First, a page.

Any topic (writer’s choice)

    Staples Just Walk On By: A Black Man Ponders His Power to Alter Public Space (233).
    Rhodes Why Looks Are the Last Bastion of Discrimination (239).
    Also, review MLA citations and Work Cited Page information.

    OPTION 1 (CAUSE and EFFECT) of 2 (second option at the end of the COMPARISON and CONTRAST unit): Type a concise, detailed, clear, organized, and engaging causal argument essay (min. 5 paragraphs) regarding the effects of labeling (stereotyping, sexism, racism, etc.) in American society.
    Your argument should answer the question Why?
    This essay should contain a clear claim stating a cause and an effect, a strong rebuttal, and supporting evidence drawn from at least three relevant, credible sources.
    WRITE IN THIRD-PERSON POINT-OF-VIEW. Minimum five (5) paragraphs.
    Use MLA citations throughout and a proper WORK CITED PAGE (Chapter 17 and Chapter 18).
    NOTE: Still MLA cite the book itself in the Work Cited Page.

    “Brent Staples: Just Walk On By: A Black Man Ponders His Power to Alter Public Space Born in Chester, Pennsylvania, in 1951, Brent Staples joined the staff of the New York Times in 1985, writing on culture and politics, and he became a member of its editorial board in 1990. His columns appear regularly on the papers op-ed pages. Staples has also written a memoir, Parallel Time: Growing Up in Black and White (1994), about his escape from the poverty and violence of his childhood.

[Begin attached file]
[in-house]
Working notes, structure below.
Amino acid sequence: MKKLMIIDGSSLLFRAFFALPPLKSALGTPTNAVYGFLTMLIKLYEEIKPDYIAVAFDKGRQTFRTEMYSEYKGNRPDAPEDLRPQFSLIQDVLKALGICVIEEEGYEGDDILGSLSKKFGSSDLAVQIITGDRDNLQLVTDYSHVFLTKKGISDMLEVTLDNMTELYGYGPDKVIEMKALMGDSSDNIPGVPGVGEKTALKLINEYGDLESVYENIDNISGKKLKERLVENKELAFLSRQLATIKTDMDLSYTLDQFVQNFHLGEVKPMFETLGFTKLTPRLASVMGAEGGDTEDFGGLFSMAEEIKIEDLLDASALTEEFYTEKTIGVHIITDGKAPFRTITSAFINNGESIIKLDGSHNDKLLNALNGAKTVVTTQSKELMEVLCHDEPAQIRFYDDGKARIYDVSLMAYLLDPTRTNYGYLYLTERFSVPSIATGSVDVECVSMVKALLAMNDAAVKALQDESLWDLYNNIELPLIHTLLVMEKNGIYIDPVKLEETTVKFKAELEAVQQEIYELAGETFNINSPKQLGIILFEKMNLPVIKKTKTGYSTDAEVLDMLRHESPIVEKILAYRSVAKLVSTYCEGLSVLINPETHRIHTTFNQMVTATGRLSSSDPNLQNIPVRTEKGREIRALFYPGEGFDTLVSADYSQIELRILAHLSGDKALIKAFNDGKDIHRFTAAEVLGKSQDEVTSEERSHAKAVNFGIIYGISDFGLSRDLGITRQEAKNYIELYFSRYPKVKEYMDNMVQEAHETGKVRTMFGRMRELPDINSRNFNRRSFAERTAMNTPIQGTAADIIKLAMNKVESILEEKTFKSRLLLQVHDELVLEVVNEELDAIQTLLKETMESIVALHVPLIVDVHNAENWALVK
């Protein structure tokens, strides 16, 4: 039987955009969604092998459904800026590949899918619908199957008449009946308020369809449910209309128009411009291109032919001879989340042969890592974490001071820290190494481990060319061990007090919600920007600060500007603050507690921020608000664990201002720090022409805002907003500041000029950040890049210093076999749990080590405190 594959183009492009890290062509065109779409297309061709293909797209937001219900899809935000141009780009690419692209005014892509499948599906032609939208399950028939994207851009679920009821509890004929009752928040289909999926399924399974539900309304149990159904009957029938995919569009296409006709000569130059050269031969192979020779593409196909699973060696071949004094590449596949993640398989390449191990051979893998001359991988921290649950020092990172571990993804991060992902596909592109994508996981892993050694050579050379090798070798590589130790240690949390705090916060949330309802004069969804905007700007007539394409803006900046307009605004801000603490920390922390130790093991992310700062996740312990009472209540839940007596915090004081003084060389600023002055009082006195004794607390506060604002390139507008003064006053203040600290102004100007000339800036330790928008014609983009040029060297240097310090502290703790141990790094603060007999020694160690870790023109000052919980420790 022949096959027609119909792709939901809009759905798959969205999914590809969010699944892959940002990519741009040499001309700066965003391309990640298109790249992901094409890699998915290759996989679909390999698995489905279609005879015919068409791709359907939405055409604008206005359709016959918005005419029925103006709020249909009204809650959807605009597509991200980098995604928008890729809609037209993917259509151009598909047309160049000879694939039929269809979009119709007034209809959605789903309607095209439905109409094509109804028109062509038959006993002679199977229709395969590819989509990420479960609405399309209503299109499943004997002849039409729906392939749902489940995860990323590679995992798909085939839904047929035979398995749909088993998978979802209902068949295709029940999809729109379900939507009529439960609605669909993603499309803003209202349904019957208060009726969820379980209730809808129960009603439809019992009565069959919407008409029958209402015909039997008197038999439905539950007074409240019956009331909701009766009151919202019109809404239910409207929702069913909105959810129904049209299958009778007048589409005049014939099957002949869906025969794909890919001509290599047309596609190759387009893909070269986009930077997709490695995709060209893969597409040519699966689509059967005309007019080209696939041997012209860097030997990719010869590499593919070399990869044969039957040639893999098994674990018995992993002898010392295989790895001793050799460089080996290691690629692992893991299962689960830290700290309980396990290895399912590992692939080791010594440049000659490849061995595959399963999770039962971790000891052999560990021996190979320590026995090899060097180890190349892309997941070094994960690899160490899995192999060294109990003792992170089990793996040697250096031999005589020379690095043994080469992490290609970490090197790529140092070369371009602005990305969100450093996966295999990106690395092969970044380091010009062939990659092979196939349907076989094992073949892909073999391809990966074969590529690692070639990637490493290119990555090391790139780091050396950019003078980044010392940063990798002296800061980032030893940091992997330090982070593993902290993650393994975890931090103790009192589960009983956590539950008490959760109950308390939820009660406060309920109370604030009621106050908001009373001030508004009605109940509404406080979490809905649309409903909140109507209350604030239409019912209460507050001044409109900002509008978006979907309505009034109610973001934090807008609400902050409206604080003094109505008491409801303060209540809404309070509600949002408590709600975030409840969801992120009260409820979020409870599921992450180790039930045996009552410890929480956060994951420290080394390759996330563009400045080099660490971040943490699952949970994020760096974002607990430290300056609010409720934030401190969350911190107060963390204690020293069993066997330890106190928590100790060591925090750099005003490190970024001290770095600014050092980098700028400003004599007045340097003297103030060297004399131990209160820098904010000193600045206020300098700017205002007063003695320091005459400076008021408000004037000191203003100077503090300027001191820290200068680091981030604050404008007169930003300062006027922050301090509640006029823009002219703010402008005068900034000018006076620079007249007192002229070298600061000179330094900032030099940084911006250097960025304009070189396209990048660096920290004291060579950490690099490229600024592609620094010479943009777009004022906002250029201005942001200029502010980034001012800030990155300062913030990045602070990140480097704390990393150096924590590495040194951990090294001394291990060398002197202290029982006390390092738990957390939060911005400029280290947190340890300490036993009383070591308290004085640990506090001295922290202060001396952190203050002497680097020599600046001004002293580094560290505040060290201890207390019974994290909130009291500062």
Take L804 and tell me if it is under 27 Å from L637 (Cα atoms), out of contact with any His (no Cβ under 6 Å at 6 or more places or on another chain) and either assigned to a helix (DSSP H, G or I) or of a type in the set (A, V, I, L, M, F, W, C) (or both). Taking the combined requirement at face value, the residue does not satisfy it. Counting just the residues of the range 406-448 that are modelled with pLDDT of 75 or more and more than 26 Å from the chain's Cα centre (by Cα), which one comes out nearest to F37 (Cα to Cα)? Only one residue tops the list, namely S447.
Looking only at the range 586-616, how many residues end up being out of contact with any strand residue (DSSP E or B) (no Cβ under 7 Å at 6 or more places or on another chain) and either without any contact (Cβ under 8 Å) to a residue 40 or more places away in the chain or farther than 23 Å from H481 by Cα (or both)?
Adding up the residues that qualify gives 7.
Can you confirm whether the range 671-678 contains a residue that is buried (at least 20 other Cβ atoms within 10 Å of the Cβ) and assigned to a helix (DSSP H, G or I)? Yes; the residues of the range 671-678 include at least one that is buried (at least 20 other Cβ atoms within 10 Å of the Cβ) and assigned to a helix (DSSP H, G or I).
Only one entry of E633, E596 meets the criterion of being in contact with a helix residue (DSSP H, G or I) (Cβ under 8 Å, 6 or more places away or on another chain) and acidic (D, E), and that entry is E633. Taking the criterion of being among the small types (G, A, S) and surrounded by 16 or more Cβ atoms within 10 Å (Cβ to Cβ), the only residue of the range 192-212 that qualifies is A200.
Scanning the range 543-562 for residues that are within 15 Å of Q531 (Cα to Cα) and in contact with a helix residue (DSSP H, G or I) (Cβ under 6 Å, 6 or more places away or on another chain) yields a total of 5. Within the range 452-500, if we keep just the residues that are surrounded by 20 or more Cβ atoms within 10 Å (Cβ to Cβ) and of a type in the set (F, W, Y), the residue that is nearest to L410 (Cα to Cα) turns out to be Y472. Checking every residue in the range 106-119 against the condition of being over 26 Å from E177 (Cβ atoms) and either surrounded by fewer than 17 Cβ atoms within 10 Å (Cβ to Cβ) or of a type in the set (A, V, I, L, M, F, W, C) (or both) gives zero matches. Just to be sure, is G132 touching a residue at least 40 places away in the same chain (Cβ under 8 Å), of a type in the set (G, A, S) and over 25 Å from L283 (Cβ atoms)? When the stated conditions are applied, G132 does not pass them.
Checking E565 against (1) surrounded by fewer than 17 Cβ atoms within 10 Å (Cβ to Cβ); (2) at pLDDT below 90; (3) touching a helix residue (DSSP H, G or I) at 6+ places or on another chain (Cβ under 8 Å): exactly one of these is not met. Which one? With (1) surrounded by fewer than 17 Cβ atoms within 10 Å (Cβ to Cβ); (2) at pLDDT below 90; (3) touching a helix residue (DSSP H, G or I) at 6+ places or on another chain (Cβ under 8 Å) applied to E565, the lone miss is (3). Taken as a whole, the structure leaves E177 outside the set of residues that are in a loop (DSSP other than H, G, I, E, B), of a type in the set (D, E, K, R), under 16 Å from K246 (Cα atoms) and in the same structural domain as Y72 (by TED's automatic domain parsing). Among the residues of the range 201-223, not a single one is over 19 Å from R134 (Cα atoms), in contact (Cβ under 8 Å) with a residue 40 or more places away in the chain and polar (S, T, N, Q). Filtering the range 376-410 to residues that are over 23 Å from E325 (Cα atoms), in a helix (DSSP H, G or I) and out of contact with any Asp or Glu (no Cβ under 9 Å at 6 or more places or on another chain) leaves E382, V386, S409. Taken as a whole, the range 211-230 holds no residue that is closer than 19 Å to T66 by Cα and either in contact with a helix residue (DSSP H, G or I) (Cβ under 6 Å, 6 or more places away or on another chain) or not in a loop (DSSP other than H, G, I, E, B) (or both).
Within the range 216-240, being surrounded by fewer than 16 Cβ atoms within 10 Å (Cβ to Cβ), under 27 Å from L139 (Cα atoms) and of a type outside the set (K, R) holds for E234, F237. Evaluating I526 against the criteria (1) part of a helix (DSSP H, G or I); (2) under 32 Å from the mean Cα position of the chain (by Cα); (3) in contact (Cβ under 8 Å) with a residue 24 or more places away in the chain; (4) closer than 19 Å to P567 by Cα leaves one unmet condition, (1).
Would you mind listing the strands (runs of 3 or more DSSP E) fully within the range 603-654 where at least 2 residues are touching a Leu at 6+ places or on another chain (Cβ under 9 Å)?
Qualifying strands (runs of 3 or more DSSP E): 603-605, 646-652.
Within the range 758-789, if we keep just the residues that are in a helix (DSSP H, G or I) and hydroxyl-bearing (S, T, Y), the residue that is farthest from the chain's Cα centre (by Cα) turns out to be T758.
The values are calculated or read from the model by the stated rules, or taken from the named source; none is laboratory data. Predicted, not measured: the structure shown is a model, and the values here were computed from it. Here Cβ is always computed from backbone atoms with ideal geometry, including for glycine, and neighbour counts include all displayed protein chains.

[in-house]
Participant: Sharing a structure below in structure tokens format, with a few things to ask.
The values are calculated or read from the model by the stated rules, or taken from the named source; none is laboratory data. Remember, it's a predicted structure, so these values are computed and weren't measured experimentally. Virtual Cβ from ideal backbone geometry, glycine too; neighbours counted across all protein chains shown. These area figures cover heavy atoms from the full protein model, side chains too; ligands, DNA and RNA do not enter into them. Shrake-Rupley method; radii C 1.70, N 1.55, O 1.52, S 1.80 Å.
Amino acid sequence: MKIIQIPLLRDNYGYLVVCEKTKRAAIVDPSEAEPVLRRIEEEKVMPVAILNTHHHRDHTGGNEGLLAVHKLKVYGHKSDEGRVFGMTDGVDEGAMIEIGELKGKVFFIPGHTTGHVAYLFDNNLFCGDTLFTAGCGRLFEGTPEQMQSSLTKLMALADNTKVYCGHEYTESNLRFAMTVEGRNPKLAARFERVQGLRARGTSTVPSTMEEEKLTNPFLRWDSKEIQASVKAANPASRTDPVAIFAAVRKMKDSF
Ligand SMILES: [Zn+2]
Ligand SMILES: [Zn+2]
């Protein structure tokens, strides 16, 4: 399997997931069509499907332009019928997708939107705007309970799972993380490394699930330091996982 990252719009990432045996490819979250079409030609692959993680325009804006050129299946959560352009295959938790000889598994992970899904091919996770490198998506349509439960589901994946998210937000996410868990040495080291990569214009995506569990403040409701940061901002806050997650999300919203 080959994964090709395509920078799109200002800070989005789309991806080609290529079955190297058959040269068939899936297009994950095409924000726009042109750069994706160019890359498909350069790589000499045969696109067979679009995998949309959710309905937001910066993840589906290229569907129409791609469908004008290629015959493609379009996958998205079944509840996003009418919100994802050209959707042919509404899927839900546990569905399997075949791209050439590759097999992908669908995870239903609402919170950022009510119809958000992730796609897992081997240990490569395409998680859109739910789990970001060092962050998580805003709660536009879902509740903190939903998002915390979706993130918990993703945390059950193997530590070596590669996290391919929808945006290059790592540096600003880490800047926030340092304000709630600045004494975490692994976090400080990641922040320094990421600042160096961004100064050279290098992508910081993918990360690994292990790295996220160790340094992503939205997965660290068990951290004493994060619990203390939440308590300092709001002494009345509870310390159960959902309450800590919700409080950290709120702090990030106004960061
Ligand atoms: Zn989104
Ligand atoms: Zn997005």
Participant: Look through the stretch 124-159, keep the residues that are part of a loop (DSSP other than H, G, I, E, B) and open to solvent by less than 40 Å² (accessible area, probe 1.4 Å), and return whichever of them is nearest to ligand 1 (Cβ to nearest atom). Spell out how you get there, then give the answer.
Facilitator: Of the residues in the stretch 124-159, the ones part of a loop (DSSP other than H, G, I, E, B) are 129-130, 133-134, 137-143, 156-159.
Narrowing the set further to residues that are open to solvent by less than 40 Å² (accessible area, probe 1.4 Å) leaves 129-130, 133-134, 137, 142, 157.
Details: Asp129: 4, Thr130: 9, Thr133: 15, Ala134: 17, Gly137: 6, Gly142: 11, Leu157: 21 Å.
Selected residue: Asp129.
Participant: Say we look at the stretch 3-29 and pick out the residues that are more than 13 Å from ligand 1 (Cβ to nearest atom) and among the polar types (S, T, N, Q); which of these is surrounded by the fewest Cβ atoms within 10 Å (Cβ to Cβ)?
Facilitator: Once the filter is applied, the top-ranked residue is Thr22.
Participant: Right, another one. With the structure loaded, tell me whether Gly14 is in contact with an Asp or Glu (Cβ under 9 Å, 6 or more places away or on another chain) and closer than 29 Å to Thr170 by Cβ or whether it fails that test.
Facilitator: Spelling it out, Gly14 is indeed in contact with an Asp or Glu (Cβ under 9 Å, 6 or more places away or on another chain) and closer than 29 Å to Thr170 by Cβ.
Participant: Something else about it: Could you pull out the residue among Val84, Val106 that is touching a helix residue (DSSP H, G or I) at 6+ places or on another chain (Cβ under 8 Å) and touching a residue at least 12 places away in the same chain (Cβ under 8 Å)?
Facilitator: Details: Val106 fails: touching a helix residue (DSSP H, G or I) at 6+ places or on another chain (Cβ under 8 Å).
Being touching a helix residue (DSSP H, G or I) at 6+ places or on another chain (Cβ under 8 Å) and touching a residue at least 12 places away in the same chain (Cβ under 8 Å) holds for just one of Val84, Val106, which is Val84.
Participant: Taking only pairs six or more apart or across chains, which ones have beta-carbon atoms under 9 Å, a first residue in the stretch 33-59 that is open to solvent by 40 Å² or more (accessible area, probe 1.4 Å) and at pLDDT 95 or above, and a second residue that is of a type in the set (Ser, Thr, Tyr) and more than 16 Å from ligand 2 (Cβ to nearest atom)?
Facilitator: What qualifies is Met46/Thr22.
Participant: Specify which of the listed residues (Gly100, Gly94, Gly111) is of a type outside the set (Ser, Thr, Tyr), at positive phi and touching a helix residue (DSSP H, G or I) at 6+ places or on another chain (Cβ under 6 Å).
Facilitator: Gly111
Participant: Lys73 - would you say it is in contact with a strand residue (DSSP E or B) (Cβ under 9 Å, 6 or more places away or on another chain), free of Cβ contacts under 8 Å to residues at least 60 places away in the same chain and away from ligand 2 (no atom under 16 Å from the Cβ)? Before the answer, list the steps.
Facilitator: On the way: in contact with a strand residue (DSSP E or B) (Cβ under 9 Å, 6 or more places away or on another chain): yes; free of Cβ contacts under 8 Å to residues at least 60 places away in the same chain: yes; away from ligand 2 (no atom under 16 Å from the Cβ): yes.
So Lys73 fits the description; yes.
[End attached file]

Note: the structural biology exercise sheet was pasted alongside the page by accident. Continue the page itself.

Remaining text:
Background on racial profiling Just Walk On By can be read in the light of controversies surrounding racial profiling of criminal suspects, which occurs, according to the American Civil Liberties Union, when the police target someone for investigation on the basis of that persons race, national origin, or ethnicity. Examples of profiling are the use of race to determine which drivers to stop for minor traffic violations (driving while black) and the use of race to determine which motorists or pedestrians to search for contraband. Although law enforcement officials have often denied that they profile criminals solely on the basis of race, studies have shown a high prevalence of police profiling directed primarily at African and Hispanic Americans. A number of states have enacted laws barring racial profiling, and some people have won court settlements when they objected to being interrogated by police solely because of their race. Since the terrorist attacks of September 11, 2001, however, people of Arab descent have been targets of heightened interest at airports and elsewhere. In addition, the passage of a strict anti-illegal immigration law in Arizona in 2010 caused many Hispanics to fear that they would be singled out for scrutiny solely on the basis of race. (Just before the bill was scheduled to take effect, a federal judge blocked sections that required police to check immigration status during traffic violations, detentions, and arrests. The United States Supreme Court subsequently upheld that portion of the law.) Clearly, these events, as well as incidents that sparked the current Black Lives Matter movement, have added to the continuing controversy surrounding the association of criminal behavior with particular ethnic groups.